Cdr C Wade McClusky, Jr., the commander of the USS Enterprise Air Group at Midway made a crucial decision. In the words of Admiral Chester Nimitz, McClusky's decision to continue the search for the enemy and his judgment as to where the enemy might be found, "decided the fate of our carrier task force and our forces at Midway...". I suppose one could say he just performed as a competent commander would, but it was very important anyway.

There is also the miscues which resulted in the Japanese air search failing to find the US Fleet in a timely manner at Midway.

There were also some things which could have adversely affected the war from the Allied point of view, but didn't and we won anyway.

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Re: 10 moments that changed the course of the war at sea

Post by dougieo » Wed Jun 09, 2010 10:12 pm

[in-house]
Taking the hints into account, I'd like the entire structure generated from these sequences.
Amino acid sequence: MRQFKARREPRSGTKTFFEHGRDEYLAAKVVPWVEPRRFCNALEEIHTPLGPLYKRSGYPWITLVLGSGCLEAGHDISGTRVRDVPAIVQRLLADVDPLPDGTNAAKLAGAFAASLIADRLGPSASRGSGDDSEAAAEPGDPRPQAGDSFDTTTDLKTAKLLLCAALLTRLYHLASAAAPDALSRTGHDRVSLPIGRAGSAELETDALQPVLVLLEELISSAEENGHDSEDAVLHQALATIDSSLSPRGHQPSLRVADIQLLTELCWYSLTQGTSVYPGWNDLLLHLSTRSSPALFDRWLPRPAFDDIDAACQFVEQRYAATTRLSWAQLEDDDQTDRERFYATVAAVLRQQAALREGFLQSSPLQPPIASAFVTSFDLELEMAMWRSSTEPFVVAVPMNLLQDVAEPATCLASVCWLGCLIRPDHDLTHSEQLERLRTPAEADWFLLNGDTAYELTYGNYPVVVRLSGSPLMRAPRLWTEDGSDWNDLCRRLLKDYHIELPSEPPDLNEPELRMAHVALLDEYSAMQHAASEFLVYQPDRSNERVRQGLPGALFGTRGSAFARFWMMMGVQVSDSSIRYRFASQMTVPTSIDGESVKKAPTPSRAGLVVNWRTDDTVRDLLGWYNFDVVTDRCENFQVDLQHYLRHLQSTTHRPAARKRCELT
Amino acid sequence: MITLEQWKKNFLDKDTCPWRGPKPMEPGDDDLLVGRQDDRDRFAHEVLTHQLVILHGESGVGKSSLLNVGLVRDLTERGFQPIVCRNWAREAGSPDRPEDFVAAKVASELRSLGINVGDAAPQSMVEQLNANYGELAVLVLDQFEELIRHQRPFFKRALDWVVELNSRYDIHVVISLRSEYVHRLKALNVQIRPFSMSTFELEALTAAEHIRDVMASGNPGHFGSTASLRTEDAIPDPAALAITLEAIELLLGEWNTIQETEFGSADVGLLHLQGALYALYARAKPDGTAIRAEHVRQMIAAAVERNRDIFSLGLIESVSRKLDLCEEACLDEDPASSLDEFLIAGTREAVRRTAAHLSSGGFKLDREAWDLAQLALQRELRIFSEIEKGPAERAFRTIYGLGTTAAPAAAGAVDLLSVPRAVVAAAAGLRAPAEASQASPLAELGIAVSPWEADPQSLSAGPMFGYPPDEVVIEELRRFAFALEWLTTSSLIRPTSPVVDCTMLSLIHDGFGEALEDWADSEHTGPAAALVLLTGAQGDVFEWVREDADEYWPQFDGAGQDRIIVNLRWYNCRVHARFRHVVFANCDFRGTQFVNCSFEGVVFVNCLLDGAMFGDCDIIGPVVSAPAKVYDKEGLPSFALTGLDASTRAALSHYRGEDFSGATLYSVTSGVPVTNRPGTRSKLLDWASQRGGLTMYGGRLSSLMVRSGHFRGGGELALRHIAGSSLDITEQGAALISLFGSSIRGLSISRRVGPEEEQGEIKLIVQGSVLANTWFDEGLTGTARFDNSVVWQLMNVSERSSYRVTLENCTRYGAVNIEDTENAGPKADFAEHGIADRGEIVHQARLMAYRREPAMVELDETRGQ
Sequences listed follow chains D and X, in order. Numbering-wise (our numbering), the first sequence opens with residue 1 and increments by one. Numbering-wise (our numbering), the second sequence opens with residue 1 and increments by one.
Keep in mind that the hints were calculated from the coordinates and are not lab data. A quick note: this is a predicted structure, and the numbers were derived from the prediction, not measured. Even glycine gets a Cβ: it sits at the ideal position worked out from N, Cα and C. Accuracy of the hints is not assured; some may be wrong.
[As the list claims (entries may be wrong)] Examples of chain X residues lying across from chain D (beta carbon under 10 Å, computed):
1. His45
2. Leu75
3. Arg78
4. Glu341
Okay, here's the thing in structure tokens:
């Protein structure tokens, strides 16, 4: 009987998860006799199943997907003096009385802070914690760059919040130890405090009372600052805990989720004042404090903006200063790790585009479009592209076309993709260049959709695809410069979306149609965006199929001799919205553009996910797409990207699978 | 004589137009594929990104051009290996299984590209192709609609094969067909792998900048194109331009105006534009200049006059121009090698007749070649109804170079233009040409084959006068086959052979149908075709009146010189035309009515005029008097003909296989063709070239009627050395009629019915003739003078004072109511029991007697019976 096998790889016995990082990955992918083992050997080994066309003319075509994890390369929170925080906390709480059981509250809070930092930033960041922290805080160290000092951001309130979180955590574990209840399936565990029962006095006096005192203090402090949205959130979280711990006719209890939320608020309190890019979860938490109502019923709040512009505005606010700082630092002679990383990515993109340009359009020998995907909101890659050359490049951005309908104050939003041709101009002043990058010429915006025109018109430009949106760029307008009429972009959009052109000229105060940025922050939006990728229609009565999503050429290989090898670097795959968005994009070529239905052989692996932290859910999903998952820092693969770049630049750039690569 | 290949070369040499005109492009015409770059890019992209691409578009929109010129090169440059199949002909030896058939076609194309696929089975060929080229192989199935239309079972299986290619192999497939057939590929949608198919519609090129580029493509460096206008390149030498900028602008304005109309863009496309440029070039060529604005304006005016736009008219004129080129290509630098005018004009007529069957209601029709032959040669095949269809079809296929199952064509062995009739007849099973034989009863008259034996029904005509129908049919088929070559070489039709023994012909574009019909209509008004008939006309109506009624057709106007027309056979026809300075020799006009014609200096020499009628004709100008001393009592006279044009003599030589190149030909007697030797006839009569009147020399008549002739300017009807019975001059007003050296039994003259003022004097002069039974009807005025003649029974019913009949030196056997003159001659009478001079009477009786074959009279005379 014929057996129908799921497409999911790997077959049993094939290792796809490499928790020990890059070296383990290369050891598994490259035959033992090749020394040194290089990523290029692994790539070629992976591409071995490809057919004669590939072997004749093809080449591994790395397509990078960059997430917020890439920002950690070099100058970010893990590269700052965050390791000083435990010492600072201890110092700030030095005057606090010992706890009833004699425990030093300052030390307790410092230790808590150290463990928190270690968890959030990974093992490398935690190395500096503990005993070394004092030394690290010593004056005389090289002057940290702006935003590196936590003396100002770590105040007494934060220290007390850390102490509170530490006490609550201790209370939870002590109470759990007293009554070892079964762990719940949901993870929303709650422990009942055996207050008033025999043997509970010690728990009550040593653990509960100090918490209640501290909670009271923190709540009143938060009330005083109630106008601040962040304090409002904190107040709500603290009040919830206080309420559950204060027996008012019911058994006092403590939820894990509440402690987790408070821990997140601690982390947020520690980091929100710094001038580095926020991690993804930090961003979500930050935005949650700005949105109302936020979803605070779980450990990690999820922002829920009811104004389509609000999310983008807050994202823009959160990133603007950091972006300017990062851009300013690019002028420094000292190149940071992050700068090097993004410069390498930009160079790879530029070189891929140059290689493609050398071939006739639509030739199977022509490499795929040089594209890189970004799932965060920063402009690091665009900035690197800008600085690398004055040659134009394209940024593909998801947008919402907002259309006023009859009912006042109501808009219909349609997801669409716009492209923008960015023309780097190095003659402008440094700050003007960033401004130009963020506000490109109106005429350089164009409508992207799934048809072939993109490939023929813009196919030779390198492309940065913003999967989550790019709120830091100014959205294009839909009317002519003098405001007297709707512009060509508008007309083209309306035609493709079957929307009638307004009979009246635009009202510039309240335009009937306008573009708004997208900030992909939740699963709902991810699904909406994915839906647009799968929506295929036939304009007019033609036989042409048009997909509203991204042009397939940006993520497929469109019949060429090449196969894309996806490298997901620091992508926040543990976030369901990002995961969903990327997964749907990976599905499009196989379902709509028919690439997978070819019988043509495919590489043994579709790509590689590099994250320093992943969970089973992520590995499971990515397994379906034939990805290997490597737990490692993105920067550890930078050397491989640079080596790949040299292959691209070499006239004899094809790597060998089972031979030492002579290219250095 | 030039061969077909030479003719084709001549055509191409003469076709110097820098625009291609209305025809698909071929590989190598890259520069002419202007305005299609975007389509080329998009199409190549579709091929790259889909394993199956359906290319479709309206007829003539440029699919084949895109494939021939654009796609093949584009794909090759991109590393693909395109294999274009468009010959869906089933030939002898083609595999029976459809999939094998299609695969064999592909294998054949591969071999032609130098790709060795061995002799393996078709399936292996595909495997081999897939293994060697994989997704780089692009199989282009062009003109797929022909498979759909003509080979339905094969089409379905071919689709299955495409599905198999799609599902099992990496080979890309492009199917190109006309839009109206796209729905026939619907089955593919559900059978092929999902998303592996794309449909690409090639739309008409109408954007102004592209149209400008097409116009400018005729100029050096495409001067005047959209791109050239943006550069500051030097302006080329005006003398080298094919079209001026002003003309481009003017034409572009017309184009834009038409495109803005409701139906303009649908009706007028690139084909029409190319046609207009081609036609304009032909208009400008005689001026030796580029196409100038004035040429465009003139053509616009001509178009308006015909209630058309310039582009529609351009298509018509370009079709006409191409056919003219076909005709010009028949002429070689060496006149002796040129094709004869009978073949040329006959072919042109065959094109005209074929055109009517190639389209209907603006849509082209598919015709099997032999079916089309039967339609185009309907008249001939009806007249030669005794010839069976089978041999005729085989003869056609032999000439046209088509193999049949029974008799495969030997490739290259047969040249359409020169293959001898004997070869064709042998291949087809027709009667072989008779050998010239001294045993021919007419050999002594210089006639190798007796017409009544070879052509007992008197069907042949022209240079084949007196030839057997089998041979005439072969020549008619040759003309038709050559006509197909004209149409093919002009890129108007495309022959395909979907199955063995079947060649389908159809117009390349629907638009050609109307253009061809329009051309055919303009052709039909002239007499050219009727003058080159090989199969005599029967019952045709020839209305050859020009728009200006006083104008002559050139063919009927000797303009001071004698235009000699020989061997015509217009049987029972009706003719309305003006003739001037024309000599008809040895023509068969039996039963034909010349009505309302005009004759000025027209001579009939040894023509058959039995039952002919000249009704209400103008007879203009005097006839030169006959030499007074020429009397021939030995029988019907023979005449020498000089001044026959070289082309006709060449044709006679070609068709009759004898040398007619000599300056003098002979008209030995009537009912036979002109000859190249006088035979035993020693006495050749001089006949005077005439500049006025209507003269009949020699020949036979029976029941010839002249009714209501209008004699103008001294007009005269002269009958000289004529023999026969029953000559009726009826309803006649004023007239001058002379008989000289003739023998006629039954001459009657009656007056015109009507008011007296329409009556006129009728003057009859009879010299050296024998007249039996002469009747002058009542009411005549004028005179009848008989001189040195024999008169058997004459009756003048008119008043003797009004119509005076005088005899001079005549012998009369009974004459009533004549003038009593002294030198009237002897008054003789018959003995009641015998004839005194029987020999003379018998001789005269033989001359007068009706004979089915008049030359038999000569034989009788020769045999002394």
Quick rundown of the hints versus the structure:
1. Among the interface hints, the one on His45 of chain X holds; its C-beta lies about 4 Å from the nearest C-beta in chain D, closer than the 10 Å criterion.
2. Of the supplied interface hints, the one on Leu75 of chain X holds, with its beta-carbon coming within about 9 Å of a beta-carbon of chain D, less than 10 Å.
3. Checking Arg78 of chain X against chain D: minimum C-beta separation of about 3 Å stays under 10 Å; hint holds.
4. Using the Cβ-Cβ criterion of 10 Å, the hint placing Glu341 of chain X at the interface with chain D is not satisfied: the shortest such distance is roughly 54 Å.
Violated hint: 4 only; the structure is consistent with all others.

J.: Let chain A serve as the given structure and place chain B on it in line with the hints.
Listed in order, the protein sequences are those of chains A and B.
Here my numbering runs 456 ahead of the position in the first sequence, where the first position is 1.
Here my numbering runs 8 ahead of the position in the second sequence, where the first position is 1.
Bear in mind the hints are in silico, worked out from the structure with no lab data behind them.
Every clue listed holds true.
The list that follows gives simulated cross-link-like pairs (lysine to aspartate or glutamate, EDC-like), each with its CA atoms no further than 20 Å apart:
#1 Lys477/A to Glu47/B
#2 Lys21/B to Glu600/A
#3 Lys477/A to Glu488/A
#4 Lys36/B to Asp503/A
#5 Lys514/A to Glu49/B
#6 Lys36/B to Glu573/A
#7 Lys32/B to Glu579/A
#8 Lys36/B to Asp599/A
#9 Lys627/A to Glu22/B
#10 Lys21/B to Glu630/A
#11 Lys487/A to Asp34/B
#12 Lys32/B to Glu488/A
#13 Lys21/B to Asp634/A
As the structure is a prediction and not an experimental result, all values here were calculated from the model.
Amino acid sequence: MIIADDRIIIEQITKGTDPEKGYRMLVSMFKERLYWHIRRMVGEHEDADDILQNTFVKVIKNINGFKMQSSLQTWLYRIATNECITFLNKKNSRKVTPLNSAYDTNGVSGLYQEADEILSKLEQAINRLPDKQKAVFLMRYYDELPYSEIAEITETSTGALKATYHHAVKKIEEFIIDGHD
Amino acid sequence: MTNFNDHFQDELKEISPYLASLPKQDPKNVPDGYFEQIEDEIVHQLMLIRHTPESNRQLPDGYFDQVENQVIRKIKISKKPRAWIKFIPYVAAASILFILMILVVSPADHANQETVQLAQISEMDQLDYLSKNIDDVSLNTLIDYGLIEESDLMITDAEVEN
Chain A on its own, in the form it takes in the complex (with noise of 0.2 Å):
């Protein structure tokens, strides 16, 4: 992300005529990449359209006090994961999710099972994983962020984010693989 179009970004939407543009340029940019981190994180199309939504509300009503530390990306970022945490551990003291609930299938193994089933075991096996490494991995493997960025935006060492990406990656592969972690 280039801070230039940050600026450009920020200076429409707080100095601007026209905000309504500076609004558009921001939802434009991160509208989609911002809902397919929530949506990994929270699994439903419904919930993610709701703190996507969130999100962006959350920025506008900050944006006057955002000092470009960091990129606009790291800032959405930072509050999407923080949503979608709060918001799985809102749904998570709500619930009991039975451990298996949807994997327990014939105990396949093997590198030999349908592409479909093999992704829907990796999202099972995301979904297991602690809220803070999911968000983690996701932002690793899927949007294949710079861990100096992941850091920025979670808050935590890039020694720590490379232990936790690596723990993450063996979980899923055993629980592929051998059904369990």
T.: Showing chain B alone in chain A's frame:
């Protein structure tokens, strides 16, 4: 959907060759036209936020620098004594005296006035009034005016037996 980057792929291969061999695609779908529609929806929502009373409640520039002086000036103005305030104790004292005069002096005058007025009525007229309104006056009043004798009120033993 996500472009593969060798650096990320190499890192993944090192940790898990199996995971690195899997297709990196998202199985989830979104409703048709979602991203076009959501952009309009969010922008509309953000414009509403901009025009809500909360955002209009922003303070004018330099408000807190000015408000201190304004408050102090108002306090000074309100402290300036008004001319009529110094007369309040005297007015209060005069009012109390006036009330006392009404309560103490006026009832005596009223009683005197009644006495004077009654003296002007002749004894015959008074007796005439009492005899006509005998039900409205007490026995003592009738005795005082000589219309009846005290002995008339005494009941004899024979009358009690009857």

HMS Bulldogs capture of a naval Enigma machine and cipher documents?

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RF
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Re: 10 moments that changed the course of the war at sea

Post by RF » Thu Jun 10, 2010 7:10 am

A significant proportion of the ten mentioned in the original thread are not single events as such, but a collection of related actions over time, spanning up to four years.....
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neil hilton
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Re: 10 moments that changed the course of the war at sea

Post by neil hilton » Thu Jun 10, 2010 11:56 am

How about the capture of the British defence plans for Singapore aboard the SS Automedon, captured by the German raider Atlantis and given to the Japanese?

How about the Grounding of HMS Illustrious off Madagascar which prevented her reinforcing Force Z?

How about Admiral Kings decision not to implement convoying along the eastern seaboard of the USA immediately after war was declared, even after the British urged him to?

How about the attack on PH itself and Nagumos decision not to send in a 3rd wave?

Just as examples.